A natural formula that provides moisture and protection with rich color for a lovely, natural finish on lips or cheeks.
Shade Description: A lovely berry, a positively striking on any skin tone.
Finish: A matte texture (not glossy) which makes it suitable for use on cheeks as well as lips. Opaque coverage (not sheer).
Flavor: Peach Vanilla
How to Use:
Lips - apply with your finger or our retractable lip brush for a more precise application.
Cheeks - apply with your finger; dip into the rouge and tap on your cheeks to blend. For a more diffused application, use our mini-kabuki brush. Swirl it in the rouge and stipple onto cheeks to blend.
Swatch Shades (beginning at the wrist): Abigail, Charlotte, Nellie, Isabella, Harriet, Maud, Viola
Ingredients: Ricinus Communis (Castor) Seed Oil, Argania Spinosa (Argan) Kernel Oil, Cera Flava (Beeswax), Cocos Nucifera (Coconut) Oil, Simmondsia Chinensis (Jojoba) Oil, Copernicia Cerifera (Carnauba) Wax, Tocopherol (Vitamin E), Aroma (Natural Peach and Vanilla Flavors), May Contain: Maltodextrin, CI 77891, CI 75470, CI 77491, CI 77742
Each shade of Pure Anada Lip & Cheek Rouge is proudly named after a noteworthy Canadian woman:
Harriet Tubman was an American abolitionist and political activist with a Canadian connection. Beginning her life in the bonds of slavery at a plantation in Maryland, Tubman eventually fled and escaped from slavery to become one of the great heroes of the 19th century. Tubman relied on a secret group of anti-slavery activists who operated the Underground Railroad to gain her freedom. Following her independence, Tubman made it her mission to rescue her family and many others suffering the same plight to safety and freedom, once again utilizing the Underground Railroad. Tubman became the most famous “conductor” on the Underground Railroad, and risked her own life leading many of the people she rescued on dangerous journeys from the US to St. Catherines, Ontario. The town was a known safe haven for African Americans fleeing from bondage, was a hub for abolitionist activity, and was the starting and finishing point of many of Tubman’s rescue missions. Known as “Moses” locally and elsewhere, Tubman was a well-respected, active member of the St. Catherines community where she lived from 1851 to 1861. Tubman’s fearless fight for freedom didn’t end in St. Catherines however, as she went on to help abolitionist John Brown gather men for his attack on Harpers Ferry. Tubman served as an armed scout and spy for the United States Army during the American Civil War. The first woman to lead an armed expedition in the war, she guided the raid at Combahee Ferry, which liberated more than 700 slaves. Heralded as a courageous freedom fighter and military genius, Tubman suffered from epileptic seizures, could not read or write, and was never captured. In her later years, Tubman was an activist in the struggle for women’s suffrage. When she died, Tubman was buried with full military honor.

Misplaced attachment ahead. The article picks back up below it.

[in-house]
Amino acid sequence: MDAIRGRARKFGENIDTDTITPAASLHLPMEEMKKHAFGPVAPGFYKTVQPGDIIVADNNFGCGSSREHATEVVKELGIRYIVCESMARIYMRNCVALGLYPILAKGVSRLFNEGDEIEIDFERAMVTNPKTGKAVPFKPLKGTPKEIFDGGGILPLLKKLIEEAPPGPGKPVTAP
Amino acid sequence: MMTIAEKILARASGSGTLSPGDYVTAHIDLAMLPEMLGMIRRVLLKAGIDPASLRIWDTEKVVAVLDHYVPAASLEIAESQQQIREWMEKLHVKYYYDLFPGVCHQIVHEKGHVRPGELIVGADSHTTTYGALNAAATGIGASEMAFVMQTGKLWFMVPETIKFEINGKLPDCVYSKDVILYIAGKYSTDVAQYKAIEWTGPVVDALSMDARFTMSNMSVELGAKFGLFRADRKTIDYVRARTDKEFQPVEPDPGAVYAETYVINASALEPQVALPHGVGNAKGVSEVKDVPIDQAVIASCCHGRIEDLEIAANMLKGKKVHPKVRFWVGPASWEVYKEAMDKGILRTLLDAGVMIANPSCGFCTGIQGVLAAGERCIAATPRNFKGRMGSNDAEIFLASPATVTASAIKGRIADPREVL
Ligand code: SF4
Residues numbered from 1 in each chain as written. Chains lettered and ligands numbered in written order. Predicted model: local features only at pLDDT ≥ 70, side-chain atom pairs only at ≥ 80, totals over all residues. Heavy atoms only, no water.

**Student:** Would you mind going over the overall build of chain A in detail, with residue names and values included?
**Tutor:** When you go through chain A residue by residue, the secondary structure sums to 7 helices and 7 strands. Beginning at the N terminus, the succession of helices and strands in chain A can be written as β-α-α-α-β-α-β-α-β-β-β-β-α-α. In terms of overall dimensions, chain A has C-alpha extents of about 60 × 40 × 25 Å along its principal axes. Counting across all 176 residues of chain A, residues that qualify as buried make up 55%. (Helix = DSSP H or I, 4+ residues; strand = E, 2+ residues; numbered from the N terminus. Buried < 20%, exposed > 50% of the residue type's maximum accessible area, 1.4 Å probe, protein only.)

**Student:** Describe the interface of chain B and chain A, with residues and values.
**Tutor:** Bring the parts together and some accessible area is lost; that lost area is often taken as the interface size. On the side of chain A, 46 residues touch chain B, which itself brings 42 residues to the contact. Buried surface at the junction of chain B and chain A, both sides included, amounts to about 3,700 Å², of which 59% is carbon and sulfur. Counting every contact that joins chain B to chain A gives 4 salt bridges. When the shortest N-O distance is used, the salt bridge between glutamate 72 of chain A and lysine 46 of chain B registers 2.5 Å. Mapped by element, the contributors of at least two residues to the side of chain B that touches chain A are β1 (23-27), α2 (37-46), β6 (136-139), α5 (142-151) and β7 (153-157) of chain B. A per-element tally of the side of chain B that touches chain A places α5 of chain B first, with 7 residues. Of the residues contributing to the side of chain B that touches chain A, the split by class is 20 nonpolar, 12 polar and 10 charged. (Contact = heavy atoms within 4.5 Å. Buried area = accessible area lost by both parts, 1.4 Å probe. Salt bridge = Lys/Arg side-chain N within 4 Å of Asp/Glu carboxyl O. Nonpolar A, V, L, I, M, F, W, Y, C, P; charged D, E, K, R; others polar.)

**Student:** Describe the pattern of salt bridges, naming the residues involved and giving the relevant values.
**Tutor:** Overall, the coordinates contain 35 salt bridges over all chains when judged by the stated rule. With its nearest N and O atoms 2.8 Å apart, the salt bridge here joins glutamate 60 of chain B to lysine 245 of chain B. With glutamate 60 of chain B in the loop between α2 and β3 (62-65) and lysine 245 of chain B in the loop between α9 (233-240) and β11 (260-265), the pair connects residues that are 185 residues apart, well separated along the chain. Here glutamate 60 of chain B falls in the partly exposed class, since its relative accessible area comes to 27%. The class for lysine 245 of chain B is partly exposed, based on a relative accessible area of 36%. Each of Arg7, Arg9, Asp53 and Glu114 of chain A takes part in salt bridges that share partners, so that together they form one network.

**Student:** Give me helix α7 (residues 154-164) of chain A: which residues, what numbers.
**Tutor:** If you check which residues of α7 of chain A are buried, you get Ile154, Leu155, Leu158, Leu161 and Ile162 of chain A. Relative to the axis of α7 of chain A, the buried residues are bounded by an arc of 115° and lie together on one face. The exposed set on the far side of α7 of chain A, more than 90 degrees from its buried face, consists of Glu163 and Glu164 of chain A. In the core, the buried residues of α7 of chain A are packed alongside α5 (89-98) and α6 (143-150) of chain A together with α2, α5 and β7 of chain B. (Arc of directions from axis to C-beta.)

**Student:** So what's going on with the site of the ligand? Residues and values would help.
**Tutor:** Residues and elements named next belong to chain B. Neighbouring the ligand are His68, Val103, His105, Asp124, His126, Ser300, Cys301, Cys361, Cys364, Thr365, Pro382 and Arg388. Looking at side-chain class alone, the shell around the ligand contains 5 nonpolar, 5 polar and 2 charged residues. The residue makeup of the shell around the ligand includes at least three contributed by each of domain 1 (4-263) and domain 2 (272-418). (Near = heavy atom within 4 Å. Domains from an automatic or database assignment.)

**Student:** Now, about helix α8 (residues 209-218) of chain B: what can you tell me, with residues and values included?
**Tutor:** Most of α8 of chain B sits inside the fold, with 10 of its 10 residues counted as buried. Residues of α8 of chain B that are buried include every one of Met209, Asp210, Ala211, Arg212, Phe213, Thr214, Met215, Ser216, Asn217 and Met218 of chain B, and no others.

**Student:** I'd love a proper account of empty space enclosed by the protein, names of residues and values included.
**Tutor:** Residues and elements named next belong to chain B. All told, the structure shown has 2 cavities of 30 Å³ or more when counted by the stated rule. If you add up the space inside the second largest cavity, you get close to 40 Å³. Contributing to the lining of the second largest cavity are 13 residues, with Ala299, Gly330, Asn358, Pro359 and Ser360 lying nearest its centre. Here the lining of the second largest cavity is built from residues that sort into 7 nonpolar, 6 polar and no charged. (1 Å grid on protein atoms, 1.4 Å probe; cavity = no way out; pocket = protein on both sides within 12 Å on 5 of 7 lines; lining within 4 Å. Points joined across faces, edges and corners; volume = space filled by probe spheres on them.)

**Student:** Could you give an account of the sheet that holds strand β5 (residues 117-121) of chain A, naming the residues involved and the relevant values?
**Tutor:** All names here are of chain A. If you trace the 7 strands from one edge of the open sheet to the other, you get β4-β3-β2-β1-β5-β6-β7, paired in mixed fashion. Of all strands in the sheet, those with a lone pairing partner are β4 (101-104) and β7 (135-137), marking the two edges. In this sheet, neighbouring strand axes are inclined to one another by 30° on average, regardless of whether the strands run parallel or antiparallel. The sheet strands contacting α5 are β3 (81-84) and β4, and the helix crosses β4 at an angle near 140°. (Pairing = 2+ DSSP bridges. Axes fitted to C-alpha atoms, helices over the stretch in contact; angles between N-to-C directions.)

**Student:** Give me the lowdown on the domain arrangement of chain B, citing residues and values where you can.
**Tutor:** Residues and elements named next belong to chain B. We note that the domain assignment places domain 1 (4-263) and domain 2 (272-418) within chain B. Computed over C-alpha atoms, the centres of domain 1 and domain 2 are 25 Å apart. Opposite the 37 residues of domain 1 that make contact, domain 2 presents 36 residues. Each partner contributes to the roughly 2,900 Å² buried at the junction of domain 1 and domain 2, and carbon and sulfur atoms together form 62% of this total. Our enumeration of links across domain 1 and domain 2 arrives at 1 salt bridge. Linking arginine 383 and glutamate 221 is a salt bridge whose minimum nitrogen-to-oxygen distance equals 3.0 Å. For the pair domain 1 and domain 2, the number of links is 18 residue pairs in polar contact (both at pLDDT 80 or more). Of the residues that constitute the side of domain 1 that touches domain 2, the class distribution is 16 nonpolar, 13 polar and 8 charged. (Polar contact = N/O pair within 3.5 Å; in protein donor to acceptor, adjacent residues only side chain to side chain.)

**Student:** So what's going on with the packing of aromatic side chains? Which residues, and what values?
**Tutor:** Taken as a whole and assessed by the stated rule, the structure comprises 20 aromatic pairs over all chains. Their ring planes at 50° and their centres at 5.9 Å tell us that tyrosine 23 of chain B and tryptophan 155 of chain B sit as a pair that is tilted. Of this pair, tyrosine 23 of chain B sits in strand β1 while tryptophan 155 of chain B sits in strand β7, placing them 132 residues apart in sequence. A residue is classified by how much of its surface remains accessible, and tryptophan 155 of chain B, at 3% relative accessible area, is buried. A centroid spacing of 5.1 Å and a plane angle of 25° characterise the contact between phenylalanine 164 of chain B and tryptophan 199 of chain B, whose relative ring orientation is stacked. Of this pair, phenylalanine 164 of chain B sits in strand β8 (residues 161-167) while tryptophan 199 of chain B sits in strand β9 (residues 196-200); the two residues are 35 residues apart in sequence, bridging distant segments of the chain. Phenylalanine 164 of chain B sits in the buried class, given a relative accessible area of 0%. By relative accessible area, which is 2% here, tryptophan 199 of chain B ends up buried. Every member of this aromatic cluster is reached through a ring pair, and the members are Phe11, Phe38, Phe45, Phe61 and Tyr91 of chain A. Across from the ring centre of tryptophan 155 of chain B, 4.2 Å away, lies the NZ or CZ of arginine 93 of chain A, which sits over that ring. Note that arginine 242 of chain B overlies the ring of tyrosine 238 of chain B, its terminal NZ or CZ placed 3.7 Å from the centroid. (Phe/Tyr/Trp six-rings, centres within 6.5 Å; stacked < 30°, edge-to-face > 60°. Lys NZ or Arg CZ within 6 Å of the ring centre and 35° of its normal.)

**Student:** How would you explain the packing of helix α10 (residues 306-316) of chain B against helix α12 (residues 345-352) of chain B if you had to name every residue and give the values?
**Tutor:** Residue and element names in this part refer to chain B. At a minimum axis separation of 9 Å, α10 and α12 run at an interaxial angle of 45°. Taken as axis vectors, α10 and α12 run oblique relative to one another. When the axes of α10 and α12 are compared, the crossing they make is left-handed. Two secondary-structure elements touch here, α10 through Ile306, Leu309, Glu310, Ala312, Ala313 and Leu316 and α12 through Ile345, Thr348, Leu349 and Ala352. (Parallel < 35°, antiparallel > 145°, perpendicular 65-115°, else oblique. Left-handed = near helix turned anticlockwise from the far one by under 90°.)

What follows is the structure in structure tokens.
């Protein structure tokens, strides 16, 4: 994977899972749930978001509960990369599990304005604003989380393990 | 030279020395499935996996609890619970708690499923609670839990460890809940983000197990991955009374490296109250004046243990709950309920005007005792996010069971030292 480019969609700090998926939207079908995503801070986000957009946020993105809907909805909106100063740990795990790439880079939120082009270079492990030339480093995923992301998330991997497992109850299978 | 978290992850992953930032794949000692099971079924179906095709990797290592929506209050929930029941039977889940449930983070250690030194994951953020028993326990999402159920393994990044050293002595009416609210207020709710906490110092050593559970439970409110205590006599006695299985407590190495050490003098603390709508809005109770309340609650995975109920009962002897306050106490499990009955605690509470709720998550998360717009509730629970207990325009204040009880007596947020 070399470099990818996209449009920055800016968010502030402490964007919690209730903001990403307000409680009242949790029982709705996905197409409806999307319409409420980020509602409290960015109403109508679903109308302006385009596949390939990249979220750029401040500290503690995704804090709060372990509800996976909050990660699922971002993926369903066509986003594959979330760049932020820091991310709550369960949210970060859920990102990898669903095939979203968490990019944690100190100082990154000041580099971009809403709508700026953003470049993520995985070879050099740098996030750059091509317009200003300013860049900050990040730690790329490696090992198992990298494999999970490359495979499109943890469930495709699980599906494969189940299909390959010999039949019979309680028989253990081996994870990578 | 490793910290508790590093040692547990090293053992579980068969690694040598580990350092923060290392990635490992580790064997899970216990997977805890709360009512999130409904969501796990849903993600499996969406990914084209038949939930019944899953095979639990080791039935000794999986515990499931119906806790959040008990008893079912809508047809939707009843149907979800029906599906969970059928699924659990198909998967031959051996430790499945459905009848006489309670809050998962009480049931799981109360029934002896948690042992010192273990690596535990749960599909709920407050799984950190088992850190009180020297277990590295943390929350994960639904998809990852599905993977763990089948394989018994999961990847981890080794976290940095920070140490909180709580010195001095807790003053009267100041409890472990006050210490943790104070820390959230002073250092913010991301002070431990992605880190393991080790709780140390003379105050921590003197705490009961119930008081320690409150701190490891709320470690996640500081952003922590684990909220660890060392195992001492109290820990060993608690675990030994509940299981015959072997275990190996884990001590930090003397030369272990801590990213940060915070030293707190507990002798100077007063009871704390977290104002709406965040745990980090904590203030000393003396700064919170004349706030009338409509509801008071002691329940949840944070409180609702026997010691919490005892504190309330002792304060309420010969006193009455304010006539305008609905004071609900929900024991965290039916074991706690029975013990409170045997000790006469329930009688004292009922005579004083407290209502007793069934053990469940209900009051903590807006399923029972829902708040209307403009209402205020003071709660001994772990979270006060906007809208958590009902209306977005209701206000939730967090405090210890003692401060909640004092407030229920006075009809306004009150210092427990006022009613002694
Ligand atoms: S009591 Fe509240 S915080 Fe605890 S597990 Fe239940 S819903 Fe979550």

You can read an article featuring Harriet Tubman at The Canadian Encyclopedia.